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Linking safety and health at work to sustainable economic development: From theory and platitudes to conviction and action

The focus of the project will be on developing global products to support national and local level actions to help prevent human suffering, exclusion from the labour market, and economic costs to employers and governments. Guided by the provisions of C.187 and priorities identified by constituents in the Decent Work Country Programmes (DWCPs) framework and country priority outcomes, the project will support efforts in creating a preventive safety and health culture and a systems approach to occupational safety and health (OSH). This takes on added importance in the present global crisis, which could undermine any efforts in the OSH field.

When: 1 December 2009 - 31 December 2011
Donor: The Swedish Interntaional Development Cooperation Agency (SIDA) under the The Swedish Partnership Programme
Contact(s): Ms. Amelie Schmitt, Chief Technical Advisor: schmitta@ilo.org

Decision makers, including Ministries of Labour and of Finance, tend to look at the costs of implementing new laws and policies, or focus on what they feel are “more important” issues such as employment and wages. OSHmay often be seen as a technical area which entails costs, but the benefits of improving safety and health at work are rarely taken into consideration, both on a national and workplace level. To this end, this project will result in products addressing the needs of governments and social partners, including advocacy tools to convince decision makers of the necessity to take action on OSH.
National level commitment must be backed up by commitment and action at the workplace, where the realities of risk are actually encountered. This entails employer commitment to improving OSH, and worker participation as a requisite input into improvements. Employers will be more motivated to act if improvements are inexpensive, readily available, and can be linked with increased productivity. Participation by workers and their representatives is also crucial to improved safety and health at work, as indicated by several studies on the subject.

The core of the strategy will therefore be to deliver quality information on the priorities outlined above, identifying recent trends and developing guidance and effective policies to guide the content of national programmes. Practical guides and training materials will be developed and pilot tested in close collaboration with the Turin Centre, in order to help build the capacity and confidence of national constituents to develop, adapt and implement policies and strategies themselves.
Efforts will therefore focus on developing commitment and motivation for OSHimprovements through:
  • Research and compilation of best practices in the areas identified, particularly on the changing conditions and organisation of work and the workforce and links with the financial crisis; estimates of work-related accidents and diseases (methodology reviewed and new figures calculated) ; national systems of recording and notification and their link to insurance schemes on occupational accidents and diseases;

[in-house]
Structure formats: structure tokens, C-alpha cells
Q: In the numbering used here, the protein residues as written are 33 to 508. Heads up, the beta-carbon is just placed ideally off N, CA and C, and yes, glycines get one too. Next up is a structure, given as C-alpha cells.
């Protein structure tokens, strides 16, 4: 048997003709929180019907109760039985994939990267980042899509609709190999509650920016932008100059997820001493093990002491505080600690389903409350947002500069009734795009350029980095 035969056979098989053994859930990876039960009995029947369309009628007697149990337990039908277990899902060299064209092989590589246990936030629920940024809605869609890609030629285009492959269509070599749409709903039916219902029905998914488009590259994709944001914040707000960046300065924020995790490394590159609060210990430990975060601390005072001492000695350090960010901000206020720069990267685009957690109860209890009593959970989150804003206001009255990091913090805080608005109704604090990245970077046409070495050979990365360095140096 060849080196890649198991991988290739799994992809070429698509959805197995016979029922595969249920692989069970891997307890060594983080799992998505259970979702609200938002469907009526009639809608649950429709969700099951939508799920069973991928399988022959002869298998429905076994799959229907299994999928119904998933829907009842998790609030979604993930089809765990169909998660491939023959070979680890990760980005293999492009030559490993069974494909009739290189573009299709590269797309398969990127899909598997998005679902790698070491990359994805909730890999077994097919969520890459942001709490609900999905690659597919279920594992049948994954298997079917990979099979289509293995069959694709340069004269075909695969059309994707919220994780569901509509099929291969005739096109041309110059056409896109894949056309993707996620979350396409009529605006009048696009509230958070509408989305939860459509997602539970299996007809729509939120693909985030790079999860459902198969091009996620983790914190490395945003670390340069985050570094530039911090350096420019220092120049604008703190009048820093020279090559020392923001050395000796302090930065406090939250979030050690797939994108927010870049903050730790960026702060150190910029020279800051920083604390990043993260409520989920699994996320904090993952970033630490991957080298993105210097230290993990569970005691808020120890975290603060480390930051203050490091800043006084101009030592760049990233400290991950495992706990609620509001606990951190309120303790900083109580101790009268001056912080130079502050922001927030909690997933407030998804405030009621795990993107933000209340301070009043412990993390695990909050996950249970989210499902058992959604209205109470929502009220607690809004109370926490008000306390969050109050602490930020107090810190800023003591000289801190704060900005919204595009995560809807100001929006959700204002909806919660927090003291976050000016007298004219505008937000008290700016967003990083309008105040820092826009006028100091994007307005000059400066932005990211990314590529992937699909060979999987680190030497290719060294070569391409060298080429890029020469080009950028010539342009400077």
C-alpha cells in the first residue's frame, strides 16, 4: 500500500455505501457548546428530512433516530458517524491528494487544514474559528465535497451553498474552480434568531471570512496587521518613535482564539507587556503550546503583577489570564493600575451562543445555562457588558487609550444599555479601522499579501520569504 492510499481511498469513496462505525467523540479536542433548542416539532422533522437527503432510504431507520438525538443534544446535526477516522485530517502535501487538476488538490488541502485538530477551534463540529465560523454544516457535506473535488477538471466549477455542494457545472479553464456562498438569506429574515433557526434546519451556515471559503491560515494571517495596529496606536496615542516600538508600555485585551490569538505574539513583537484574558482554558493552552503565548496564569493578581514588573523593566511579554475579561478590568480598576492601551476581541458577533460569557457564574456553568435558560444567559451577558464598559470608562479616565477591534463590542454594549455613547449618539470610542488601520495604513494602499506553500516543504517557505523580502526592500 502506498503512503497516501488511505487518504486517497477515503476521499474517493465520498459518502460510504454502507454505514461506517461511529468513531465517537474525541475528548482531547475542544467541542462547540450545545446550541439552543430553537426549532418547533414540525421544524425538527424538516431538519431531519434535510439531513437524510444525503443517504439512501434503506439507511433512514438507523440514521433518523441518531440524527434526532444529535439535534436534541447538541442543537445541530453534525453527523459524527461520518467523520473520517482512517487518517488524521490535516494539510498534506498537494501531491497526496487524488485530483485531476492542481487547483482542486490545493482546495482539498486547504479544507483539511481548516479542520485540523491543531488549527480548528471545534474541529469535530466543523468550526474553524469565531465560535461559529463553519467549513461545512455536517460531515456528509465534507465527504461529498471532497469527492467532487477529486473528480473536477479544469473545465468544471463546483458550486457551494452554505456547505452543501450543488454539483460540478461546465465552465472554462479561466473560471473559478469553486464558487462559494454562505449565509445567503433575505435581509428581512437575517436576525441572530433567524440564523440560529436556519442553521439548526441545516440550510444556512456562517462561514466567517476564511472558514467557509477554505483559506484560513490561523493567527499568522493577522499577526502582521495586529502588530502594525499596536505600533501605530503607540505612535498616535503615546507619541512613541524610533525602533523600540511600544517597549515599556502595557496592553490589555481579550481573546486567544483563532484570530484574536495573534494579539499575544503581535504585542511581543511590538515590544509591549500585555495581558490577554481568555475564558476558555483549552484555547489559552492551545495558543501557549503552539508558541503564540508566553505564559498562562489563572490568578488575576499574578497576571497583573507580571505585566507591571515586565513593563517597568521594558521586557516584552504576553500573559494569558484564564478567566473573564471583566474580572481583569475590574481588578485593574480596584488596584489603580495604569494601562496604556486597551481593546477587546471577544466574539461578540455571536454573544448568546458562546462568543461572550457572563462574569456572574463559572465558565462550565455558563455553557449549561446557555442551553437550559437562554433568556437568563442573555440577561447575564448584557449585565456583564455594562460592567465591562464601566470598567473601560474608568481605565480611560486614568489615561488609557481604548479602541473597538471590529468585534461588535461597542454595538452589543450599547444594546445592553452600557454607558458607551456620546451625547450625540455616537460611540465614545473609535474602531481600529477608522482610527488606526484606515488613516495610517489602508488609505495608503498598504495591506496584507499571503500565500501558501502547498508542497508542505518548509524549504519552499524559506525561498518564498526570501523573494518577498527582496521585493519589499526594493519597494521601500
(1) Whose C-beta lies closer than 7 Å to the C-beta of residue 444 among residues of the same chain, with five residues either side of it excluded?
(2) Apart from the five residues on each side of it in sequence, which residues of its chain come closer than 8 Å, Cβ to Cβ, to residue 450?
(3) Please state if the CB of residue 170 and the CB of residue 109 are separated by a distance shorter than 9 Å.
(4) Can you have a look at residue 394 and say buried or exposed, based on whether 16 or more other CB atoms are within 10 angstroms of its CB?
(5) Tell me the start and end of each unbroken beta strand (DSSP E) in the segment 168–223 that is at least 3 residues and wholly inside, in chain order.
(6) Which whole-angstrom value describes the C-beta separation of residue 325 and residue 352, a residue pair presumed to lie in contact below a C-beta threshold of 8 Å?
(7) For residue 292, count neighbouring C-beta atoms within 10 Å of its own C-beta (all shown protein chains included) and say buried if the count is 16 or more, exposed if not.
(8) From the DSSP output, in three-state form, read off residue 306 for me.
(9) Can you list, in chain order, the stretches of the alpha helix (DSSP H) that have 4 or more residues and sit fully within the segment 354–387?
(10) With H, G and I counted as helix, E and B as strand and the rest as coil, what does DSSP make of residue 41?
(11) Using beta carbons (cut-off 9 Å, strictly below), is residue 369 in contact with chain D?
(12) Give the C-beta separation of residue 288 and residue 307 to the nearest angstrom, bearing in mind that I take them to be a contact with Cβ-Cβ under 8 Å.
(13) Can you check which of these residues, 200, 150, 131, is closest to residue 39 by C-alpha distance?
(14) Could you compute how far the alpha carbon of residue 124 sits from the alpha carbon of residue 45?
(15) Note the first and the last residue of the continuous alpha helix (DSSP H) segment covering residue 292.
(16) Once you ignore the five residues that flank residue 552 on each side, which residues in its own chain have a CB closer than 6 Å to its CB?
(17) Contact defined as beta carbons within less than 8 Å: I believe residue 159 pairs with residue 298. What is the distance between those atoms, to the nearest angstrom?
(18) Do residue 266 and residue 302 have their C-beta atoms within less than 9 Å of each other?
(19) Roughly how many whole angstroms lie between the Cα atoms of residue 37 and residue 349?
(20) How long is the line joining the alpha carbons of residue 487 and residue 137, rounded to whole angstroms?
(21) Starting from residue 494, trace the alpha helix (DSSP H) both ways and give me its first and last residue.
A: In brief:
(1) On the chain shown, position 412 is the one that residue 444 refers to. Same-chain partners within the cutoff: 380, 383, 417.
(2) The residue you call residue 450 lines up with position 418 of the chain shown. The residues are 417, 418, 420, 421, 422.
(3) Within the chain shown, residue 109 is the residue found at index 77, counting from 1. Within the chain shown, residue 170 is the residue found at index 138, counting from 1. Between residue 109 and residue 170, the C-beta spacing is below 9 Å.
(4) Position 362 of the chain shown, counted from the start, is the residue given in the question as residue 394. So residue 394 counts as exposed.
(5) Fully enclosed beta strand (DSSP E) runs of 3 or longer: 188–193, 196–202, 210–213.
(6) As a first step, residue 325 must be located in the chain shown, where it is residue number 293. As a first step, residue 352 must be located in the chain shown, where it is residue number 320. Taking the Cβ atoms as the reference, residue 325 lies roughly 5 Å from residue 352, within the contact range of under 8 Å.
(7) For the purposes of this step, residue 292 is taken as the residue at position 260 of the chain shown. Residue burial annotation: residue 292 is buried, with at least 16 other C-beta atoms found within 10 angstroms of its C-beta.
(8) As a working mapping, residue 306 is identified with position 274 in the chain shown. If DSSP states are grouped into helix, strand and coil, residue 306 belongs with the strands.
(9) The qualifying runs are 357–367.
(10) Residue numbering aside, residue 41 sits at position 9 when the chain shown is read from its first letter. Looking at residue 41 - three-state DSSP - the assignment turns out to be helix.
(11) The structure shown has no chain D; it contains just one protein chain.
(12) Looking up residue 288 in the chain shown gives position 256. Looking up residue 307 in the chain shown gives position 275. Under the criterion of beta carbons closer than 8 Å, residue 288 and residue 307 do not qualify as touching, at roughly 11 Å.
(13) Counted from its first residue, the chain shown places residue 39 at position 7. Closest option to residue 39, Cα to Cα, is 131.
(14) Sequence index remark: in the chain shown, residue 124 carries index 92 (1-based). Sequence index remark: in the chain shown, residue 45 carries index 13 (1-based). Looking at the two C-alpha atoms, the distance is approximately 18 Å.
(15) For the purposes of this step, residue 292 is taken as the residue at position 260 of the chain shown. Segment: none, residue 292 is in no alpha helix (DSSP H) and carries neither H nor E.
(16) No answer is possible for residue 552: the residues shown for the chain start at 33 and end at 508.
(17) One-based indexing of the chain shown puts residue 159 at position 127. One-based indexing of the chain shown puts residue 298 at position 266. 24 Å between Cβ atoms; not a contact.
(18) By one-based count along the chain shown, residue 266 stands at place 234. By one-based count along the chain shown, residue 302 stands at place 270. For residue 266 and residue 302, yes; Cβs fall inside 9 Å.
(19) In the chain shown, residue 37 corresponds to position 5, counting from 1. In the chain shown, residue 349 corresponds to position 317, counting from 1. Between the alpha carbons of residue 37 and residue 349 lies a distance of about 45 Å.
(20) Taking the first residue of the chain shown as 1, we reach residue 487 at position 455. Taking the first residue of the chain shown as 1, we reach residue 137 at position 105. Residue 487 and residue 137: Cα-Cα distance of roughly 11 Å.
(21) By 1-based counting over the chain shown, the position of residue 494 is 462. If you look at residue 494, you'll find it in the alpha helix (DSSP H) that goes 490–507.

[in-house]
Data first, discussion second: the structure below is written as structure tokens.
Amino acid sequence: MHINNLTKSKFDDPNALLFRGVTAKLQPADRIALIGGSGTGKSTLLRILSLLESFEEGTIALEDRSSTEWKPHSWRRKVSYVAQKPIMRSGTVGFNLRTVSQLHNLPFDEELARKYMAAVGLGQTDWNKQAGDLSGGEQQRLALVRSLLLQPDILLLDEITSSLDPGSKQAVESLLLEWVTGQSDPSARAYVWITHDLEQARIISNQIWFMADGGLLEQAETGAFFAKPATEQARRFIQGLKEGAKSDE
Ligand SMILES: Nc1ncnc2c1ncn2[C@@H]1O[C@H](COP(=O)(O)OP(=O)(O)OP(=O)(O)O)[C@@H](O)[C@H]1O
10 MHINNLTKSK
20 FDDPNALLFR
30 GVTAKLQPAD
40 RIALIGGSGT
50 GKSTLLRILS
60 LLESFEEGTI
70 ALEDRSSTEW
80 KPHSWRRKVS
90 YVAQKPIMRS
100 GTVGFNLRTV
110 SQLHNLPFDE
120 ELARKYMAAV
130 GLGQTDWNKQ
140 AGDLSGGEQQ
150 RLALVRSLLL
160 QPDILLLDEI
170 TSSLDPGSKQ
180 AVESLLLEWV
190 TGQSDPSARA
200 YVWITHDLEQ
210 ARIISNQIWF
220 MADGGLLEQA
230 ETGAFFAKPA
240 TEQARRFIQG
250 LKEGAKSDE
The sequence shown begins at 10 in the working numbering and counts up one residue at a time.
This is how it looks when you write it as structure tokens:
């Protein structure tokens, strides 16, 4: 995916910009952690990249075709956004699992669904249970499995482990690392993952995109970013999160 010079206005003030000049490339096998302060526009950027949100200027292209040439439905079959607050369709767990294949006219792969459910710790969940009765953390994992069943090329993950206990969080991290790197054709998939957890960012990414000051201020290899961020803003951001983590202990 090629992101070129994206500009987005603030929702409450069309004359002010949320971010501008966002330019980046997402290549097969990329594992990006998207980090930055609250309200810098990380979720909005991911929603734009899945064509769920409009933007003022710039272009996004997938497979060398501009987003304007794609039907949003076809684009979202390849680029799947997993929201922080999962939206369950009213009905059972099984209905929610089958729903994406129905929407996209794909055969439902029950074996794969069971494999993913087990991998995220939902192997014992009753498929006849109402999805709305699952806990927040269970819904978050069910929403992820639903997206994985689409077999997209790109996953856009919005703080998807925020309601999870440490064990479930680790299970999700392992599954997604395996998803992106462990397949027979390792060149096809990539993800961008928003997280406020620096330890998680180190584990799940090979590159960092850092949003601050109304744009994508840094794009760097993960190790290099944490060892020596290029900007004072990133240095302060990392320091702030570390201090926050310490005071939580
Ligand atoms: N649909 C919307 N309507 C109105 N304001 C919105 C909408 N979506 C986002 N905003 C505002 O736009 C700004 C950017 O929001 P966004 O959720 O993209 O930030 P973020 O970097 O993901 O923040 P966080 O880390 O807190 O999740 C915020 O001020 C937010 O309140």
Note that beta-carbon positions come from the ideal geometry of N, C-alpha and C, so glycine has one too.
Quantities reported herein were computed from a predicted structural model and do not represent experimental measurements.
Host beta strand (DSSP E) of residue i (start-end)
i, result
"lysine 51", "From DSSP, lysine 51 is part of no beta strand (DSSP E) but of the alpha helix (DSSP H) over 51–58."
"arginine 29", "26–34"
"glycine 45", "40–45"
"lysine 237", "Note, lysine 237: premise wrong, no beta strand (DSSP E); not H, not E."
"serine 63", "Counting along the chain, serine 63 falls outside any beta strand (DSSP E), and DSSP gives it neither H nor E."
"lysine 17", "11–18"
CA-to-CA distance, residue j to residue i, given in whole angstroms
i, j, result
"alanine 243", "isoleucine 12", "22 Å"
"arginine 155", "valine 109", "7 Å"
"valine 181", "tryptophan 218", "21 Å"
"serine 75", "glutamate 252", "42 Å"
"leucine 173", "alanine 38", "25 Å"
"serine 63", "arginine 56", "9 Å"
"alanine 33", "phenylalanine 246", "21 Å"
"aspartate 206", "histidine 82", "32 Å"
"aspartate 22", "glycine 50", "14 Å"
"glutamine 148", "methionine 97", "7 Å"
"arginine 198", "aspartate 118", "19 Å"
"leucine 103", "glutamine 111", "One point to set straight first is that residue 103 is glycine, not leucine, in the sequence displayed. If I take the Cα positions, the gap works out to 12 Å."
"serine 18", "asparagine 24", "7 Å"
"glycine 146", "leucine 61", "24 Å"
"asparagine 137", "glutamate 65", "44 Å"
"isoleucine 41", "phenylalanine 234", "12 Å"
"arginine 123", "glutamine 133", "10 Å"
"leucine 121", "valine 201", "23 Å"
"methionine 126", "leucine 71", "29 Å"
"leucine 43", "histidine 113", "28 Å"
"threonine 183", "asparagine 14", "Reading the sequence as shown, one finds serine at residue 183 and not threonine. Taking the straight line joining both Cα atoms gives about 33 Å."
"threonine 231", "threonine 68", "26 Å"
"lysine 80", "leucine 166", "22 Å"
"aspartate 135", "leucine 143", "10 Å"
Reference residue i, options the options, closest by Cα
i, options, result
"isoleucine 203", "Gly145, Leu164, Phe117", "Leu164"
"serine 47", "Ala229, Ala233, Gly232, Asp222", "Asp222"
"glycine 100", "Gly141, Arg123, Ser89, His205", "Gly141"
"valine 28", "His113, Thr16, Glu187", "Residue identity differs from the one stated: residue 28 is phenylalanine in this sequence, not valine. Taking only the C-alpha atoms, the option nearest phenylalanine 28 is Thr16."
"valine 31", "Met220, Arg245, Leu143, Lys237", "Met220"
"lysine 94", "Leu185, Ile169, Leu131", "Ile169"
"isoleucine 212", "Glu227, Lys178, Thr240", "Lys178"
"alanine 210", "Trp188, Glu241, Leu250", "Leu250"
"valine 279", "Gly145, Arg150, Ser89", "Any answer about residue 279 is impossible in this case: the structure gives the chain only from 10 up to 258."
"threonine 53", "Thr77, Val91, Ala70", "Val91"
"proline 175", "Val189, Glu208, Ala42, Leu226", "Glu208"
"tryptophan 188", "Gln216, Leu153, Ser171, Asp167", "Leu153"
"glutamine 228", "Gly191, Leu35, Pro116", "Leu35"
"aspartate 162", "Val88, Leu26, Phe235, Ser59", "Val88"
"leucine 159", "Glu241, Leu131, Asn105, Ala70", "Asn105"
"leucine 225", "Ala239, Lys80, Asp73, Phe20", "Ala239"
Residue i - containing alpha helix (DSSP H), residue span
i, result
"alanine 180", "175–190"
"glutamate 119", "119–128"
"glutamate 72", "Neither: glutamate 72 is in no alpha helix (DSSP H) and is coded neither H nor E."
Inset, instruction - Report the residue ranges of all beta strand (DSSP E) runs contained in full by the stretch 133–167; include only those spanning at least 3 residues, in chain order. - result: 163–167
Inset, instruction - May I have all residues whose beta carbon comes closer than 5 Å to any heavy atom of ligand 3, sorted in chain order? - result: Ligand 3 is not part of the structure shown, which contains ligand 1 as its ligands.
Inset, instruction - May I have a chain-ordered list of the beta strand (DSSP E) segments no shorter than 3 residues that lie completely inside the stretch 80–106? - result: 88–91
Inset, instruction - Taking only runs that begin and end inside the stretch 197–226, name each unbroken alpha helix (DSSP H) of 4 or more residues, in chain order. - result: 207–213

• Development of policy advice, guidance and motivational tools on the above areas as well as on the development of national OSHpolicies and strategies;
  • Development of training modules on how to develop national OSHstrategies, in collaboration with the ILO-ITC, and piloting of these;
  • Practical tools and training packages will be developed particularly for employers and workers and their organisations in dealing with risk management and participation for improvements at the workplace level.
The guidance and policy tools will necessarily address the means, or the “how”, of developing policy and strategy in a national and local context, particularly in the context of promoting tripartite development of action plans. Training for workplace level OSHimprovements will focus on identification of hazards, evaluation of risks and developing solutions together, employers and workers and their representatives. OSHis often seen as the domain of experts, but the project strategy will focus on tools aimed at responsibilising and mobilising constituents to develop and implement actions themselves. These will outline the responsibilities of the different partners, as well as discuss best practices in fostering social dialogue for OSHimprovements.



Tags: decent work, employment policy, labour costs, labour policy, labour law, gender and development, sustainable development, economic recession, economic recovery, economic policy, finance, financial policy, gender equality, gender, social exclusion, social policy, occupational safety and health, statistics

Regions and countries covered: Global

Unit responsible: Labour Administration, Labour Inspection and Occupational Safety and Health

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